"Despite the success of the December elections, nearly all government institutions from the village to provincial levels have disintegrated or have been thoroughly corrupted and infiltrated by Al Qaeda in Iraq," or a smattering of other insurgent groups, the report says.
The five-page report -- written by Col. Peter Devlin, a senior and seasoned military intelligence officer with the Marine Expeditionary Force -- is marked secret, for dissemination to U.S. and allied troops in Iraq only. It does not appear to have been made available to Iraqi national forces fighting alongside Americans.
The report, "State of the Insurgency in Al-Anbar," focuses on conditions in the province that is home to 1.25 million Iraqis, most of whom live in violence-ridden towns such as Fallujah, Haditha, Hit, Qaim and Ramadi.
Devlin wrote that attacks on civilians rose 57 percent between February and August of this year. "Although it is likely that attack levels have peaked, the steady rise in attacks from mid-2003 to 2006 indicates a clear failure to defeat the insurgency in al-Anbar."
Devlin suggested that without the deployment of an additional U.S. military division -- 15,000 to 20,000 troops -- plus billions of dollars in aid to the province, "there is nothing" U.S. troops "can do to influence" the insurgency.
He described al-Qaeda in Iraq as the "dominate organization of influence in al-Anbar," surpassing all other groups, the Iraqi government and U.S. troops "in its ability to control the day-to-day life of the average Sunni."
Al-Qaeda itself, now an "integral part of the social fabric of western Iraq," has become so entrenched, autonomous and financially independent that U.S. forces no longer have the option "for a decapitating strike that would cripple the organization," the report says. That is why, it says, the death of al-Qaeda in Iraq leader Abu Musab al- Zarqawi in June "had so little impact on the structure and capabilities of al-Qaeda," especially in Anbar province.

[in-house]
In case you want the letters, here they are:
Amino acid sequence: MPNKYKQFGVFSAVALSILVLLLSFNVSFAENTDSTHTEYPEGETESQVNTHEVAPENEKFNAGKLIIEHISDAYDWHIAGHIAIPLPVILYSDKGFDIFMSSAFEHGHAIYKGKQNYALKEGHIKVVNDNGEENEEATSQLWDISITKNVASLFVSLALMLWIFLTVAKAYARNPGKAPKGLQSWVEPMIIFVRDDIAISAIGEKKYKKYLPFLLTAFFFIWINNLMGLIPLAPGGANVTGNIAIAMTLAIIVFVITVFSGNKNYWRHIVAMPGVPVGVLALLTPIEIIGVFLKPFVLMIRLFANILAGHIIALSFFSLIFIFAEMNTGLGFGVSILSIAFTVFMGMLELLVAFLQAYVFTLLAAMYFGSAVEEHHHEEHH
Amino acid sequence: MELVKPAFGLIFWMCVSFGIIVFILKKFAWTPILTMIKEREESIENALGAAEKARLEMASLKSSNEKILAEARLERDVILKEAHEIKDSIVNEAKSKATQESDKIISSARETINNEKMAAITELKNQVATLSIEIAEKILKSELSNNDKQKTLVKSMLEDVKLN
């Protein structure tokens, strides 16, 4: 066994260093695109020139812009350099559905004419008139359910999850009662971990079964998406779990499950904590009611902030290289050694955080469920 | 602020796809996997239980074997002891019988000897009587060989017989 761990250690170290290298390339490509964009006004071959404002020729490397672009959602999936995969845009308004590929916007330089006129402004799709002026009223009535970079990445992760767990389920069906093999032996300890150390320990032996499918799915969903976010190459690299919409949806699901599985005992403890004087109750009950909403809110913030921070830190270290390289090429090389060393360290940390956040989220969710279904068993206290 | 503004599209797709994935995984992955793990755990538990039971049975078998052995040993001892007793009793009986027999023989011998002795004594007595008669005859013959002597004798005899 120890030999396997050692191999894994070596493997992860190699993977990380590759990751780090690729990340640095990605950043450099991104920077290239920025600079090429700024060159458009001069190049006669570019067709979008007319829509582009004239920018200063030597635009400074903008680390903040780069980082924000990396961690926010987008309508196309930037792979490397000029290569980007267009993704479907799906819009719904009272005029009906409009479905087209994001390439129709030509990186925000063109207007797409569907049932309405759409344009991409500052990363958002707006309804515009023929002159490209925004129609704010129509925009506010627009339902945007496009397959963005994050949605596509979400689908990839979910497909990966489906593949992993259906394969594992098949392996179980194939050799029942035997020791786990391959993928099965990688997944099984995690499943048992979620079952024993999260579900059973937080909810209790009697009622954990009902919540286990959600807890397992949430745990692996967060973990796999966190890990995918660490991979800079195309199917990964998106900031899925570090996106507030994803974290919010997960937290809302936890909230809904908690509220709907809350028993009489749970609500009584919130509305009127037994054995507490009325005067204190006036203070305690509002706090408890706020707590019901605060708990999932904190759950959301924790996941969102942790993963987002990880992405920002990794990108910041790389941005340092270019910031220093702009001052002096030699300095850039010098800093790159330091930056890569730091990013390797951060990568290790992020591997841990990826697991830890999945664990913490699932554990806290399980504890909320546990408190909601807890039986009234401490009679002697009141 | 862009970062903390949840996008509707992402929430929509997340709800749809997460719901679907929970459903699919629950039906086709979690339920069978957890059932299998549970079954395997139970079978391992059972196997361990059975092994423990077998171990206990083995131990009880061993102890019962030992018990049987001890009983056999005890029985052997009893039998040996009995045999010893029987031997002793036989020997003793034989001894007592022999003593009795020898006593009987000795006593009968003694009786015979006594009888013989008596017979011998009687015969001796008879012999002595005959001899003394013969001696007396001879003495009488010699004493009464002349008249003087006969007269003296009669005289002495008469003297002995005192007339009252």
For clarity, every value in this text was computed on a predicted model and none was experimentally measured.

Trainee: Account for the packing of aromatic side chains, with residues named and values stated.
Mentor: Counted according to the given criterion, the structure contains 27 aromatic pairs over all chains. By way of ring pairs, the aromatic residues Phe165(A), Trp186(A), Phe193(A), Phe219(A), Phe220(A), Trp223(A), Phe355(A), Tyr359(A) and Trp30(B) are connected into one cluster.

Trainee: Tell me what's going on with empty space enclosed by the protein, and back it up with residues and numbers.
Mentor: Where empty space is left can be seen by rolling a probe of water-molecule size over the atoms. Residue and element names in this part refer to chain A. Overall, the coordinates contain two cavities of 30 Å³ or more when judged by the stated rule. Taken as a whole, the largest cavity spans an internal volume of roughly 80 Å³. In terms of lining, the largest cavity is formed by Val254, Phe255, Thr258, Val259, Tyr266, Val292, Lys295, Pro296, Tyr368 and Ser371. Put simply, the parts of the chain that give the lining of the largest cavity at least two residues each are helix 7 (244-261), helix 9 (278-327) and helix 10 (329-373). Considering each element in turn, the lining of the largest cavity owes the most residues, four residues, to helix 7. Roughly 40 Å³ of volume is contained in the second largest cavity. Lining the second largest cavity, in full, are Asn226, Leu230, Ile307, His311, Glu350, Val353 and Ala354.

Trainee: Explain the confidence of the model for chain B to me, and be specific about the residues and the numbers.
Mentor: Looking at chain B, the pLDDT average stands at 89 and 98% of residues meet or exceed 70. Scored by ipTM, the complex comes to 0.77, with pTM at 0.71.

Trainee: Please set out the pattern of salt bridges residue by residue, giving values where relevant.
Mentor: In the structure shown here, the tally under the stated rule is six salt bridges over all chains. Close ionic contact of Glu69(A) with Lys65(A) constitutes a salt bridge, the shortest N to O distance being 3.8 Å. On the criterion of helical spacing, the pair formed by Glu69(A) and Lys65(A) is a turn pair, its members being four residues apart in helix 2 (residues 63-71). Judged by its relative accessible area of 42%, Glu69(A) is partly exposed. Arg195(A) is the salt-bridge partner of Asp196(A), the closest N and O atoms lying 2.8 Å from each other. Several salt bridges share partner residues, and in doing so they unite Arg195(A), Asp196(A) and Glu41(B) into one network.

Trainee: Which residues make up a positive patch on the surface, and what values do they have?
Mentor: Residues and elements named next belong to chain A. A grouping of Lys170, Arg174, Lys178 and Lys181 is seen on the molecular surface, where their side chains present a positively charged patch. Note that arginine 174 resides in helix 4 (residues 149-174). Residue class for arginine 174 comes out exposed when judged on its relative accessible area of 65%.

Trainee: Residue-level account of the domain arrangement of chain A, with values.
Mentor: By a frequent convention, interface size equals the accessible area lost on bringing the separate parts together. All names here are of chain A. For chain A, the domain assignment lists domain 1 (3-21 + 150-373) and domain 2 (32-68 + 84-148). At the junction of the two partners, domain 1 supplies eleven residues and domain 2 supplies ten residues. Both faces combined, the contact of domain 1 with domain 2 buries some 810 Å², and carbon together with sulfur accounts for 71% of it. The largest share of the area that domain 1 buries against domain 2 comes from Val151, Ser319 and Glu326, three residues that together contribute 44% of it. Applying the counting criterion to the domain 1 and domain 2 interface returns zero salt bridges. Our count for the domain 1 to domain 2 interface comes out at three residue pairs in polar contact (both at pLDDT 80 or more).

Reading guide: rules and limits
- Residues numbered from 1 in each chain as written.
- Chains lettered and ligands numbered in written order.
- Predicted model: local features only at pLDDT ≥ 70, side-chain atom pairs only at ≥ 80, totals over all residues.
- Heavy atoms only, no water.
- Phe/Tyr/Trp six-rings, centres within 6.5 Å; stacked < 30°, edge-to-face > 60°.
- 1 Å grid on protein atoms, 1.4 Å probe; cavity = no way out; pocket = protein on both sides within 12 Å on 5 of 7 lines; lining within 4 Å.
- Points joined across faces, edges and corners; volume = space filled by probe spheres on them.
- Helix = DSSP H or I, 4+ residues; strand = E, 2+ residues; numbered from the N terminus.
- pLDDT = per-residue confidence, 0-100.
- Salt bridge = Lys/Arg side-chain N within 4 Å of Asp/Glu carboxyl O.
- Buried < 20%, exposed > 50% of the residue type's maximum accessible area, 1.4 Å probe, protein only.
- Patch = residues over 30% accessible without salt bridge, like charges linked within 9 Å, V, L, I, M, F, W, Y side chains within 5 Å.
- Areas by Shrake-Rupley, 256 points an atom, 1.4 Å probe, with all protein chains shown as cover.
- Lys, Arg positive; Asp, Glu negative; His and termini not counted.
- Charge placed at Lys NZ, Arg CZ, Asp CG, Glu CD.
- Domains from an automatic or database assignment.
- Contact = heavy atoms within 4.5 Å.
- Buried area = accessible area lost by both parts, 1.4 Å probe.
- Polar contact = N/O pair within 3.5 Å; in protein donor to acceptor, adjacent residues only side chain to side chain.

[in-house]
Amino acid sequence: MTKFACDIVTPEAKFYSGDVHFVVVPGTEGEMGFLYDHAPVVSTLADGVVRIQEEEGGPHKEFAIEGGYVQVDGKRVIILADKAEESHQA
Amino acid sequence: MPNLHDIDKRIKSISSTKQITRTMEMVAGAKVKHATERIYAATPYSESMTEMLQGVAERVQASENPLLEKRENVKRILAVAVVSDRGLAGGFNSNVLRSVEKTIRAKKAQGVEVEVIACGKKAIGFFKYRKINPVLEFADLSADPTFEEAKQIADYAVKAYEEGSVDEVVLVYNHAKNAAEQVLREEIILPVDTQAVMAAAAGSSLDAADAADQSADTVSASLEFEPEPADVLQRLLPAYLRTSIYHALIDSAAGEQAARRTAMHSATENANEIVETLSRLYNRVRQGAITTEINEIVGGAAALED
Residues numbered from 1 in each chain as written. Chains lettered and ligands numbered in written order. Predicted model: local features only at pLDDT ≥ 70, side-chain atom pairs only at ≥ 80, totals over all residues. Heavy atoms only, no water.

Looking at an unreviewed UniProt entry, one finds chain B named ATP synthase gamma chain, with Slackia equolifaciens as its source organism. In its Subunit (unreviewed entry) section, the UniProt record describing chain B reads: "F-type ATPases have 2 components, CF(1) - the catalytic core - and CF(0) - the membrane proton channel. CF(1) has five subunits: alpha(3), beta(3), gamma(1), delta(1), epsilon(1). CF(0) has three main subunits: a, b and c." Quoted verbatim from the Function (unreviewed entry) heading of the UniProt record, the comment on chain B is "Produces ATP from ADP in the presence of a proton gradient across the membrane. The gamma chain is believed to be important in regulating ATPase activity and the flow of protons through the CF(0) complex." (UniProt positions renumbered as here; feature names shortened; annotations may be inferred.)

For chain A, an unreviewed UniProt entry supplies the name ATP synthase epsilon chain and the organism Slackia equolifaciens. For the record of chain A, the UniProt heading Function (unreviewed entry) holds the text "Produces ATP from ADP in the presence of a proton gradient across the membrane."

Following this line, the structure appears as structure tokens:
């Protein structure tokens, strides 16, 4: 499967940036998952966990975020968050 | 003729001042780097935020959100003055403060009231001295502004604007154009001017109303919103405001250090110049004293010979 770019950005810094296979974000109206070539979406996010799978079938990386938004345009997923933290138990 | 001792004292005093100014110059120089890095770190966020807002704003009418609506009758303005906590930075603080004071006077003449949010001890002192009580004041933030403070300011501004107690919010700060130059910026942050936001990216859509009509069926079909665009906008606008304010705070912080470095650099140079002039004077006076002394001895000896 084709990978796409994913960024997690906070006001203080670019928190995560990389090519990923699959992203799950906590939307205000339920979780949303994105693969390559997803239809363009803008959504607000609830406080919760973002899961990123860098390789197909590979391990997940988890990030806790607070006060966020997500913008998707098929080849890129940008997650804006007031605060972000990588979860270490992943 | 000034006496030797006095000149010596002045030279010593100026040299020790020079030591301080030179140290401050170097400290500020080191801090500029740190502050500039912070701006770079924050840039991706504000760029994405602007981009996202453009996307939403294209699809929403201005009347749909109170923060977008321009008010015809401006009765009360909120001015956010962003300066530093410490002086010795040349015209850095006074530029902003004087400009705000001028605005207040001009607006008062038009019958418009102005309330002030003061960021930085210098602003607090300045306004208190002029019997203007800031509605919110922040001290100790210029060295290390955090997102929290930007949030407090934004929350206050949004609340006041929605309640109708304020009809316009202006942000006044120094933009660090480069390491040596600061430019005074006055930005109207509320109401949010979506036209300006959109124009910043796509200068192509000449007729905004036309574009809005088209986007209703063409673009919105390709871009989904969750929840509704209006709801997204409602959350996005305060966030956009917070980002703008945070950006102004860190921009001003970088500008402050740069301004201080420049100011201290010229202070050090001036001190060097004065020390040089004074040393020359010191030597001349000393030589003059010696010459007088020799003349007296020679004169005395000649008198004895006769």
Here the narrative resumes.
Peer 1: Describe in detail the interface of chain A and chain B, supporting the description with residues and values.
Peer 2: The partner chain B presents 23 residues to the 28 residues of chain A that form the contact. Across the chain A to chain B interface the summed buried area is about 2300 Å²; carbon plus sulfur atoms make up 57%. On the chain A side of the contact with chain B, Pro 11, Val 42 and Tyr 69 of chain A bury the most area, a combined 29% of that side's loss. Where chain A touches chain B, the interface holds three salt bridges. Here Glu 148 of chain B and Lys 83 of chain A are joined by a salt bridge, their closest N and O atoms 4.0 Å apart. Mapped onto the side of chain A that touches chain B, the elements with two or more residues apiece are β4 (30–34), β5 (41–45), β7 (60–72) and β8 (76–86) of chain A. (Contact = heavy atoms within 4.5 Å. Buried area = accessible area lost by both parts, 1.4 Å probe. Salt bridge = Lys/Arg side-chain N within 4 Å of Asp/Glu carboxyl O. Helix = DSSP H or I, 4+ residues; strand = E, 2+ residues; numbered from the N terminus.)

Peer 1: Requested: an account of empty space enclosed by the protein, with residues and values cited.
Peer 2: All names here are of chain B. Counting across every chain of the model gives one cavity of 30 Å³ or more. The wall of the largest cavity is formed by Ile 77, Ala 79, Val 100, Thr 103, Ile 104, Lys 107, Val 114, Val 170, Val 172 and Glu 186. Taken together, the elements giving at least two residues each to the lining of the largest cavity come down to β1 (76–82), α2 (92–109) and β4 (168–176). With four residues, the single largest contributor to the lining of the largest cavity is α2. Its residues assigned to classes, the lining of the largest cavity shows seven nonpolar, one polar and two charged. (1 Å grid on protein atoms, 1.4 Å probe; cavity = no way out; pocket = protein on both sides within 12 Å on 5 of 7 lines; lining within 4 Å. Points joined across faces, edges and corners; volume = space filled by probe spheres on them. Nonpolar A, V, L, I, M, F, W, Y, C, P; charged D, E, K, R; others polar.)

The senior intelligence official, who spoke on the condition of anonymity because of the sensitivity of his work, said yesterday that he largely agrees with Devlin's assessment, except that he thinks it overstates the role of al-Qaeda in the province. "We argue that it is a major element in Anbar, but it is not the largest or most dominant group," he said.
In a final section of the report, titled "Way Ahead," Devlin outlined several possibilities for bringing stability to the area, including establishing a Sunni state in Anbar, creating a local paramilitary force to protect Sunnis and to offset Iranian influence, shifting local budget controls, and strengthening a committed Iraqi police force that has "proven remarkably resilient in most areas."
Devlin ended the assessment by saying that while violence has surged, the presence of U.S. troops in Anbar has had "a real suppressive effect on the insurgency." He said the suffering of "Anbar's citizens undoubtedly would be far worse now if it was not for the very effective efforts" of U.S. forces.
Staff researcher Julie Tate contributed to this report.